New technologies transforming HVAC

Modern air conditioning at commercial facilities has developed into a sophisticated science well beyond temperature and humidity control to support the comfort of occupants. With the last quarter of a rather challenging year on the horizon, companies in the industry are adapting strategies and HVAC design solutions to contribute to a range of business priorities, especially a reduction of operating costs.

Stefan Sander, Managing Director of Two Oceans Air Conditioning highlights how the industry has changed and shares his insights on future trends.

The impact of lockdown measure across industries in response to the COVID-19 pandemic has changed operations and business strategies. What are the key changes you have experienced?

Lockdown had a significant and, in some cases, a severe impact on businesses. As income declined expenses were interrogated like never before. As HVAC installations typically make up a significant portion of companies’ overall expenses, the demand for new technologies to drive efficiencies picked up pace. Although there has been interest in new approaches like the introduction of the Internet of Things (IoT) technology, more owners of commercial offices and industrial facilities are now ready to implement IoT solutions. Connectivity and data availability now make it possible to better control the power costs associated with HVAC systems.

The concept of ‘smart buildings’ has been around for some time, but it is now accelerating as owners of facilities need data in real-time to help them monitor and better control several operations inside a building, with HVAC being a significant component.

It is important to note that HVAC is about much more than temperature control and ventilation. An air conditioning installation at a commercial building also includes these aspects:

  1. Toilet/ablution extraction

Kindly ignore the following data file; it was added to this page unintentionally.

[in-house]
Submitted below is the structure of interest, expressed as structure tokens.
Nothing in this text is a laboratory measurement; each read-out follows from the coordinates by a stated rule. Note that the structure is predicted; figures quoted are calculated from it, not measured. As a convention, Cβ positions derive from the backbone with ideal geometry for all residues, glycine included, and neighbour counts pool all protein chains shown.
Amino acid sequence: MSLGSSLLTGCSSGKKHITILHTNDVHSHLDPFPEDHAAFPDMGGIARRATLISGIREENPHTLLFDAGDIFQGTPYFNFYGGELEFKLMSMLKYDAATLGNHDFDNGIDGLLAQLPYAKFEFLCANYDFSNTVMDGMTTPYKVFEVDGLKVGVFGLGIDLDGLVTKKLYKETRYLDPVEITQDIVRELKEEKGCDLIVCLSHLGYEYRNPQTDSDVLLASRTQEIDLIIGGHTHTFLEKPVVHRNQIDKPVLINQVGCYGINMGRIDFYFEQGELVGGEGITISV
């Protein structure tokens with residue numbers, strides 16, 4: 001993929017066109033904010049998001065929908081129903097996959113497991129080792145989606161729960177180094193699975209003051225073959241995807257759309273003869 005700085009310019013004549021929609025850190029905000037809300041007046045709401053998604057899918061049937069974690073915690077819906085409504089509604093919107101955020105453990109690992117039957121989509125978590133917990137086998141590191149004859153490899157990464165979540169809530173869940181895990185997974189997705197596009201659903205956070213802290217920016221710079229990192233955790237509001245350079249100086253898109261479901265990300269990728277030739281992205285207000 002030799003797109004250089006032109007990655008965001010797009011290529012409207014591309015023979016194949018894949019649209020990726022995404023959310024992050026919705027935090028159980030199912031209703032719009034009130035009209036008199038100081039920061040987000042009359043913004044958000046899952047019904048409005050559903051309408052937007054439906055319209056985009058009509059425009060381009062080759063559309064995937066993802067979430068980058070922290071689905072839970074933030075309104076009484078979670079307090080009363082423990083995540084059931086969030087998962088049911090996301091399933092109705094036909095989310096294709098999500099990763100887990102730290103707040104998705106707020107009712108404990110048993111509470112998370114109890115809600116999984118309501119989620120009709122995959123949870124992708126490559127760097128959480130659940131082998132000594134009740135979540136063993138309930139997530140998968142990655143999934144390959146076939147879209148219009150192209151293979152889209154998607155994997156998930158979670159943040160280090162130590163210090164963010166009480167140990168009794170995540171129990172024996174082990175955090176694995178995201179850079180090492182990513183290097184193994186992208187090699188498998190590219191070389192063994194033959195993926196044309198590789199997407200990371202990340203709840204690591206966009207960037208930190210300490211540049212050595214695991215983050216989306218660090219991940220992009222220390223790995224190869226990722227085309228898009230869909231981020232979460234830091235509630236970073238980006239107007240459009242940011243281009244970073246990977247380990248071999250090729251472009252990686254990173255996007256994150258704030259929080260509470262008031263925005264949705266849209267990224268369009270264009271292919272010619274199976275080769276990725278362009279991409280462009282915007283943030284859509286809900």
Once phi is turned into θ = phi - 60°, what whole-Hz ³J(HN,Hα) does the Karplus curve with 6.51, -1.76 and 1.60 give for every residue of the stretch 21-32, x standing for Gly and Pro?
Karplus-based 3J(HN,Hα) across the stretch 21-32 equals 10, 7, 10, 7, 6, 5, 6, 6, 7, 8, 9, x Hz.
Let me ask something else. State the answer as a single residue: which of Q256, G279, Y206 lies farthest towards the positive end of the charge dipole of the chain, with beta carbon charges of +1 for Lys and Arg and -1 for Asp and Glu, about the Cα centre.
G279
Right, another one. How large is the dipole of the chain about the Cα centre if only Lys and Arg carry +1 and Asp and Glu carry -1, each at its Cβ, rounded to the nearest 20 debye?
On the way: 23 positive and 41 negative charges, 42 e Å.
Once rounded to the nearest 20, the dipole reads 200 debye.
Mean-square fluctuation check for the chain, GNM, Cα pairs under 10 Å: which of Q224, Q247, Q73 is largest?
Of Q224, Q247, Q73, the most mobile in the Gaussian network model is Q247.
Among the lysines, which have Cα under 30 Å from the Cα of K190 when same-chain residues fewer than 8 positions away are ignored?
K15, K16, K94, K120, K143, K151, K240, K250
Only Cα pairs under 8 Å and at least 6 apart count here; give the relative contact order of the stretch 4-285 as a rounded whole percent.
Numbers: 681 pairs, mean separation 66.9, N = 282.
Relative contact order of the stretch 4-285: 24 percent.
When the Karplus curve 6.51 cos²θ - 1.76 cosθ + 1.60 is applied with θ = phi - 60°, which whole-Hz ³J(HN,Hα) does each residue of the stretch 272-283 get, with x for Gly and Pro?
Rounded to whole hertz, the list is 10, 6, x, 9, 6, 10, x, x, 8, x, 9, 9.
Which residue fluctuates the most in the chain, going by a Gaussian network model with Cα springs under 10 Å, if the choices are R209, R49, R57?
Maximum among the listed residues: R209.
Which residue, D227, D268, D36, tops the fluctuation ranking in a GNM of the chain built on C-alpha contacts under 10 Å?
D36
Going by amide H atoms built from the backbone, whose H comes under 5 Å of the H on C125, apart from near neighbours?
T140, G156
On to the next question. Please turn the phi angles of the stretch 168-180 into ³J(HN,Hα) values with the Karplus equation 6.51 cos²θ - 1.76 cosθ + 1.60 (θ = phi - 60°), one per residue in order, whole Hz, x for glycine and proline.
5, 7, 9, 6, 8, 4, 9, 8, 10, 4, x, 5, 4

2. Outside/fresh air ventilation measured and controlled on CO2 (carbon dioxide sensing)
  3. Smoke extraction
  4. Lift and staircase pressurization
  5. Car park Extraction measured and controlled on CO (carbon monoxide sensing)
  6. Kitchen extraction and kitchen fresh air make-up
  7. Utility extraction

 

All these aspects contribute to overall HVAC related costs that can be managed with significantly improved efficiency through the implementation of IoT solutions. Through sensors added to different HVAC components it is possible to monitor all components and from the data obtained, adjust the running time or settings of an installation to drive costs down and improve the experience of occupants. A major positive for the introduction of IoT solutions is that it does not require the purchase of new equipment. Local innovators in IoT strategy, Pretoria-based IoT.nxt, has developed a solution that is technology agnostic and does not require any rip and replace. Which is a key consideration as companies drive cost reductions to protect business sustainability in the wake of the lockdown related business slowdown.

Introducing an IoT solution delivers many benefits in HVAC:

  1. Prevention of downtime
  2. Balance run time on mechanical equipment for longer lifespan
  3. Automated maintenance and running procedures to reduce human intervention
  4. Efficient operation to aim for reduced running costs
  5. Reduced energy consumption, positively contributing to a reduced carbon footprint and thereby benefiting through the carbon credit
  6. Third-party integration (generator, energy monitoring, sump pump status, domestic water metering, energy metering)
  7. Control of manual operation of mechanical instruments
  8. Confirmation and assurance that all assets on register have been attended to during service and maintenance procedures
  9. Longevity of equipment and system operation

 

Global warming has emerged as an important theme that businesses are including in future strategies. How has this trend impacted the HVAC industry?

Green initiatives are big business and the construction of new buildings or the conversion of existing buildings to become ‘green buildings’ is a big consideration for owners of facilities. The demand for eco-friendly HVAC units and installations is growing. Yes, saving costs remains a big focus but increasingly environmental factors are an issue for building owners.

This trend has contributed to the development of different HVAC systems well beyond classic air conditioning systems. These are:

  1. Chilled water system
  2. Hybrid control systems (Packaged Units)
  3. Direct expansion systems
  4. Variable refrigeration flow systems (VRF)

When combined with alternative power sources away from fossil fuels, for instance, solar power units to operate chillers, the environmental impact of an HVAC installation can be far reduced.